Guards stand outside the gates of an immigrant holding centre in Laval, Que., Monday, August 15, 2016.

Guards stand outside the gates of an immigrant holding centre in Laval, Que., Monday, August 15, 2016.
Photo Credit: PC / Graham Hughes

UPDATE: Canadian Red Cross to monitor immigration detention centres

Share

The federal government has signed a contract with the Canadian Red Cross (CRC) for the monitoring of Canada’s immigration detention centres to ensure they comply with domestic and international standards, Public Safety Minister Ralph Goodale announced Thursday.

The two-year contract between the Canada Border Services Agency (CBSA) and the CRC will include regular visits throughout the year to detention facilities across Canada where immigration detainees are held, the government said.

The aim of the program is to increase the number of detainee visits each year, requiring the CRC to conduct up to 86 site visits annually, primarily focusing on the most vulnerable, including unaccompanied minors and individuals with medical and mental health conditions, Goodale said.

This is the first time the CRC’s monitoring program has received core funding from the federal government.

Neutral and impartial
The Canadian Red Cross has been carrying out monitoring of Canada’s immigration detainees since 1999. This includes monitoring conditions of detention in Immigration Holding Centres and in provincial correctional facilities to ensure that persons detained are treated in compliance with applicable domestic standards and international obligations to which Canada is signatory.
The Canadian Red Cross has been carrying out monitoring of Canada’s immigration detainees since 1999. This includes monitoring conditions of detention in Immigration Holding Centres and in provincial correctional facilities to ensure that persons detained are treated in compliance with applicable domestic standards and international obligations to which Canada is signatory. © CBC

There are about 325 to 425 individuals detained under the Immigration and Refugee Protection Act at any given time, according to government statistics.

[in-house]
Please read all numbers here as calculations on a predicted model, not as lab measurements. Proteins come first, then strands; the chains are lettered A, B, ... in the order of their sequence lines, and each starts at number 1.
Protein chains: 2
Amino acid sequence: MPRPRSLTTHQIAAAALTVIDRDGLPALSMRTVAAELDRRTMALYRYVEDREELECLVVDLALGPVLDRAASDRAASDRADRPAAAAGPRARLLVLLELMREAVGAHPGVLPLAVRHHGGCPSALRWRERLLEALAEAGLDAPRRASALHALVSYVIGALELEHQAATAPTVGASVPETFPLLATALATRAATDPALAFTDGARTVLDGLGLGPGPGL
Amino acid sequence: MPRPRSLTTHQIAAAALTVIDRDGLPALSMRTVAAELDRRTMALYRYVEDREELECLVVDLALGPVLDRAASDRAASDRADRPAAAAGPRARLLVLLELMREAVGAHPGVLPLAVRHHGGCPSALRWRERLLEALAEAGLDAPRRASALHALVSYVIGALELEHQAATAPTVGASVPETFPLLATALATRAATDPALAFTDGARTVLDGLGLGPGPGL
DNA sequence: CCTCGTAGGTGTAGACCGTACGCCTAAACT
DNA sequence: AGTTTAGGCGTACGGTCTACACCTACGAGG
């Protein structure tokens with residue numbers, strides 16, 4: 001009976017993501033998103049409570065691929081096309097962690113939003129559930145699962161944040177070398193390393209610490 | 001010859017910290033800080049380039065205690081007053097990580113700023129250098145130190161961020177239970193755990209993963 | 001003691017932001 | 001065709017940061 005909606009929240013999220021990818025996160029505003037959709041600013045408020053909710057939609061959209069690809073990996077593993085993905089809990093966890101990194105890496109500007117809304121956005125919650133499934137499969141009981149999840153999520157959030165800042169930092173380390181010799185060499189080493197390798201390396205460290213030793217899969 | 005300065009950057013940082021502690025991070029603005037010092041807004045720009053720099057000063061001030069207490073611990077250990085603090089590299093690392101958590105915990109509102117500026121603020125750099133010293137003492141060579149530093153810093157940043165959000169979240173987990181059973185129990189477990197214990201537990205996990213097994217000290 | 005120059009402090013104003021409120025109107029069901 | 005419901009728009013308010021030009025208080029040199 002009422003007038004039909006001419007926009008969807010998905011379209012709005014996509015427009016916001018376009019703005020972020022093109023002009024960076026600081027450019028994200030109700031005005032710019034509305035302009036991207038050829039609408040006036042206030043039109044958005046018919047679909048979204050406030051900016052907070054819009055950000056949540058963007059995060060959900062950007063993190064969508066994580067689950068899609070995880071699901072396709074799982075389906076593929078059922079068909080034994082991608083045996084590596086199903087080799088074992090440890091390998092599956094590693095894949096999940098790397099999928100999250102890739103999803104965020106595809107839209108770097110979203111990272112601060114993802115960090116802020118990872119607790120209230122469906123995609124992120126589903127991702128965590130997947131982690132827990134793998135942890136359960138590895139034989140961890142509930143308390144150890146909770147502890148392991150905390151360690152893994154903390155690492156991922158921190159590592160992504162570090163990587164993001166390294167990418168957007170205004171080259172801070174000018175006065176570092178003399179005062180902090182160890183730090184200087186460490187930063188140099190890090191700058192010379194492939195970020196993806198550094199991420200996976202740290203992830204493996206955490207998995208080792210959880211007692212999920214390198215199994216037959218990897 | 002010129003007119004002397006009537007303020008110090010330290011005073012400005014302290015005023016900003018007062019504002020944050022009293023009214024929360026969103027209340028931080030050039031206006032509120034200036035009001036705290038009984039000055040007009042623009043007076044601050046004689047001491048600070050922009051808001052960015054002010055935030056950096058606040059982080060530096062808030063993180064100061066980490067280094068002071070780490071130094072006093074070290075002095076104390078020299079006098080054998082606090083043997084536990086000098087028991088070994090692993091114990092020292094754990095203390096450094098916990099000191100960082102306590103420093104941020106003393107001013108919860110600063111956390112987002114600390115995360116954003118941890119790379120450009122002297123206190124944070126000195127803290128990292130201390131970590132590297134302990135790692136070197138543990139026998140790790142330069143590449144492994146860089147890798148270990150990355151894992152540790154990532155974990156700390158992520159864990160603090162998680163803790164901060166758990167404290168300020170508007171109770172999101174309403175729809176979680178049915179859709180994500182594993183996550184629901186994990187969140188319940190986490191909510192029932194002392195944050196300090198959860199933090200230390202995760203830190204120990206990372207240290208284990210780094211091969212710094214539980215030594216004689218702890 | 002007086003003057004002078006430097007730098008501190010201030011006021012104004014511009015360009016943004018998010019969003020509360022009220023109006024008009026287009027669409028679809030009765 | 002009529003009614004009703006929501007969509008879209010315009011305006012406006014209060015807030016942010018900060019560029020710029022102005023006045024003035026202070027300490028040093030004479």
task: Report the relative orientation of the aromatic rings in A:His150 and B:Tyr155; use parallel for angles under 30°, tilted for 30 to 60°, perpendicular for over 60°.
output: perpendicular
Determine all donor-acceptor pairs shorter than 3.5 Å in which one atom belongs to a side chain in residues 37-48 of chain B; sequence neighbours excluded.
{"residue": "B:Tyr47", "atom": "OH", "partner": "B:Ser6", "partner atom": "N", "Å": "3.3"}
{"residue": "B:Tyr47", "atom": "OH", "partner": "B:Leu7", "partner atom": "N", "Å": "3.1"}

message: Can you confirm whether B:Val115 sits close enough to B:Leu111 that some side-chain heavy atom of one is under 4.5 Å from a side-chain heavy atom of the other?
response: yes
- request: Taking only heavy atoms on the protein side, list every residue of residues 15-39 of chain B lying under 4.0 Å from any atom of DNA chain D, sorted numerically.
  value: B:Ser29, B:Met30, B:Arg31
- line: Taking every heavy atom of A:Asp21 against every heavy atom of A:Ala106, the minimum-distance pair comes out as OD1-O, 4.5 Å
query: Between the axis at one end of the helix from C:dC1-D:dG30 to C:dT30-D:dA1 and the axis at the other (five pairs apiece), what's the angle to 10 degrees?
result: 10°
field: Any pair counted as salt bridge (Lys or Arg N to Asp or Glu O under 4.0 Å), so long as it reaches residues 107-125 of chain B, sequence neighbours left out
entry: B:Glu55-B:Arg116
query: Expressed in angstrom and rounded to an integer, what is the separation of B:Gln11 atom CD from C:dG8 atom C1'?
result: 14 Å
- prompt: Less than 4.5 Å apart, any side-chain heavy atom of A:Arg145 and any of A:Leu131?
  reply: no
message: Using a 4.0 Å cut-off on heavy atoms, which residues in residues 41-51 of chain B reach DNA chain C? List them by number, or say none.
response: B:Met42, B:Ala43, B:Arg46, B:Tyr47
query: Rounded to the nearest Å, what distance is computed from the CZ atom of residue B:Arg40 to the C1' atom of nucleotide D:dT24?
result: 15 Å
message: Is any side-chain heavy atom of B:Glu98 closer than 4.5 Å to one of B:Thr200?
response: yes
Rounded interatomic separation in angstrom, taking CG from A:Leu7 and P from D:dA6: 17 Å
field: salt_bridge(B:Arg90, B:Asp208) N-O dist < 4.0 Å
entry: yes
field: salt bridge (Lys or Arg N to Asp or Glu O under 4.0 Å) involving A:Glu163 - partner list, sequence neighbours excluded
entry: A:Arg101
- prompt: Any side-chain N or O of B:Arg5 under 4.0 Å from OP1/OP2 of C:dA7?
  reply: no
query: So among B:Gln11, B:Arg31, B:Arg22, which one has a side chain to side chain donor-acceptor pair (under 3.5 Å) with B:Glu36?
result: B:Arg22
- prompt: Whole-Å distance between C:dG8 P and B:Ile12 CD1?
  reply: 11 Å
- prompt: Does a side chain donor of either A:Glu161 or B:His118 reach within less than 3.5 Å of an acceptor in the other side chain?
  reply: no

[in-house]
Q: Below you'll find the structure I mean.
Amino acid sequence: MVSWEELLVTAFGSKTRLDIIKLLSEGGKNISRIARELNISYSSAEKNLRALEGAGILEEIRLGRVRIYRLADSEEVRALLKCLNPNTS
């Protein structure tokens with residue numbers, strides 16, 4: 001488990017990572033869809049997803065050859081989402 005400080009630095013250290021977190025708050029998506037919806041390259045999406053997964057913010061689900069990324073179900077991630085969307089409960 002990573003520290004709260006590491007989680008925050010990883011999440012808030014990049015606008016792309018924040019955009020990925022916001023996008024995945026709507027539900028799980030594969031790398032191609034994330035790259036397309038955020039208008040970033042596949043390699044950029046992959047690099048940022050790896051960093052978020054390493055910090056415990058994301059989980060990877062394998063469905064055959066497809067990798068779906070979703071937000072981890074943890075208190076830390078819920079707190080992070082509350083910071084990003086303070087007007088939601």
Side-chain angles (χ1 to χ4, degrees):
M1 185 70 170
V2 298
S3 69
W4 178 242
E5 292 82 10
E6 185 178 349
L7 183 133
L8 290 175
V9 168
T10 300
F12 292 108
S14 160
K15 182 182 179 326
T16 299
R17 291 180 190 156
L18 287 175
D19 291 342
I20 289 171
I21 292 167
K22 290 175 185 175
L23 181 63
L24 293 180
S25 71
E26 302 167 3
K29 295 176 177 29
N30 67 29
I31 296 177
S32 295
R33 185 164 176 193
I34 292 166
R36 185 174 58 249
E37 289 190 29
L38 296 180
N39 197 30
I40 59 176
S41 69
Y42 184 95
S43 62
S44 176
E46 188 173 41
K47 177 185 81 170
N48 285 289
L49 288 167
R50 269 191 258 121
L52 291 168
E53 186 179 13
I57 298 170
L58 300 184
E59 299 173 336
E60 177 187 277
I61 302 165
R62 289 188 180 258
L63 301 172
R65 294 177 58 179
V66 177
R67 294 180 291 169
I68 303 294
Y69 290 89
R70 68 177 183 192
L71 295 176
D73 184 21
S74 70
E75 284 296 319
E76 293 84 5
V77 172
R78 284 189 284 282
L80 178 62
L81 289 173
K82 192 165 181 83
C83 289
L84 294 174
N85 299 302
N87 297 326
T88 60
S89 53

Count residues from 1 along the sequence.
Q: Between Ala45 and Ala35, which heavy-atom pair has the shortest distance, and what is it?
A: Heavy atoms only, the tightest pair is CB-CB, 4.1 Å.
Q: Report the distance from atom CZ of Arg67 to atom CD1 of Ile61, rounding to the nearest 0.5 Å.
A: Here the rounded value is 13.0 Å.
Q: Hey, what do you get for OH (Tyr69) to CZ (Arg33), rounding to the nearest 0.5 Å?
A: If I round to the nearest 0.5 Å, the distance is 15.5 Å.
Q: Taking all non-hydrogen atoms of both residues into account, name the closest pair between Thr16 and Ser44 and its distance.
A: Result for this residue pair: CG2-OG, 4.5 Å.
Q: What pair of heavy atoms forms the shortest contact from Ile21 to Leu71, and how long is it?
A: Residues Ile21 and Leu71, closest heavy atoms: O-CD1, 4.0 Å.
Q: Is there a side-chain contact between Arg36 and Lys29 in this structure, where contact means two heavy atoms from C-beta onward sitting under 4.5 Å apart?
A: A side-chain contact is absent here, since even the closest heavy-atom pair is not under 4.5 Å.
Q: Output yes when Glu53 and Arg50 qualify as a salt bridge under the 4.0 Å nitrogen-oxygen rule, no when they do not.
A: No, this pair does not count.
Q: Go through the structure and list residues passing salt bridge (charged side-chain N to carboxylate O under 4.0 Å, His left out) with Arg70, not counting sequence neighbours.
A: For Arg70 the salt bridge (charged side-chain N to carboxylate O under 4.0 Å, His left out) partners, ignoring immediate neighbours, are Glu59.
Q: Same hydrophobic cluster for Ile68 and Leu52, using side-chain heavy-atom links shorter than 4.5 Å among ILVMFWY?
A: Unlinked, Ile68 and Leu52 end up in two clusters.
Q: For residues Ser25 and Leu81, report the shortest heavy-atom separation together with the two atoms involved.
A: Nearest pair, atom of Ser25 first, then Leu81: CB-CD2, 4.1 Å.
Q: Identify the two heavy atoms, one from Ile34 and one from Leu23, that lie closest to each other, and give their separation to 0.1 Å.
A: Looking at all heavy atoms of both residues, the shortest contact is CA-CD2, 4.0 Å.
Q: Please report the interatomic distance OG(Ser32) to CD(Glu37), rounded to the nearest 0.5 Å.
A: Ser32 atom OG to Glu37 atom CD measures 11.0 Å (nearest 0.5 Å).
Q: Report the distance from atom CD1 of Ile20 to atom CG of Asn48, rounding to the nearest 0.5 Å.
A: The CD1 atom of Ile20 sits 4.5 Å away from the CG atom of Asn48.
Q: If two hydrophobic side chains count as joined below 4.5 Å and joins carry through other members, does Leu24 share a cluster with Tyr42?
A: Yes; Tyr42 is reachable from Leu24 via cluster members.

“The Canadian Red Cross Detention Monitoring Program aims to contribute to an environment in which all people who are detained in Canada under the Immigration and Refugee Protection Act are treated humanely and are held in accordance with national and international standards,” Conrad Sauvé, President and CEO of the Canadian Red Cross, said in a statement.

“As a neutral, impartial and independent humanitarian organization, ongoing access to facilities and detainees is essential in carrying out our mandate to monitor conditions of detention.”

‘Not an improvement, much less a solution’

However, Toronto-based immigration lawyer Barbara Jackman slammed the CRC’s past record as “useless.” The CRC has been carrying out monitoring of immigration detention centres since 1999.

“Their monitoring was secret – they never published the results, and the conditions in the jails have been atrocious and the Red Cross did nothing, from what we could see, and did not speak up,” Jackman said. “I don’t see how this will change anything. It is using the Red Cross, because it is a known humanitarian organization, to make the CBSA look better without doing anything. It is not an improvement, much less a solution.”

In a statement to CBC News received on Saturday, a spokesman for the CRC said his organization has always raised its findings and recommendations with authorities in a variety of ways.

As part of the new agreement, the CRC’s annual report on its monitoring activities will be published, alongside an action plan from the CBSA to respond to its recommendations.

The contract will cost Canadian taxpayers about $1.14 million over two years and could be extended for a third year, Goodale said.

“This partnership with the Canadian Red Cross will provide enhanced, trusted monitoring of immigration detention, strengthening its accountability and effectiveness,” the minister insisted.

According to government statistics, over the last five years, immigration detentions have dropped by 28.5 per cent while the number of foreign nationals travelling to Canada has increased by 23.6 per cent.

Last August, following a spate of hunger strikes at immigration detention centres, Goodale announced that the federal government will invest $138 million to make improvements to the country’s immigration detention system.

With files from CBC News

Share
Tagged with: , ,
Posted in Immigration & Refugees

Do you want to report an error or a typo? Click here!

@*@ Comments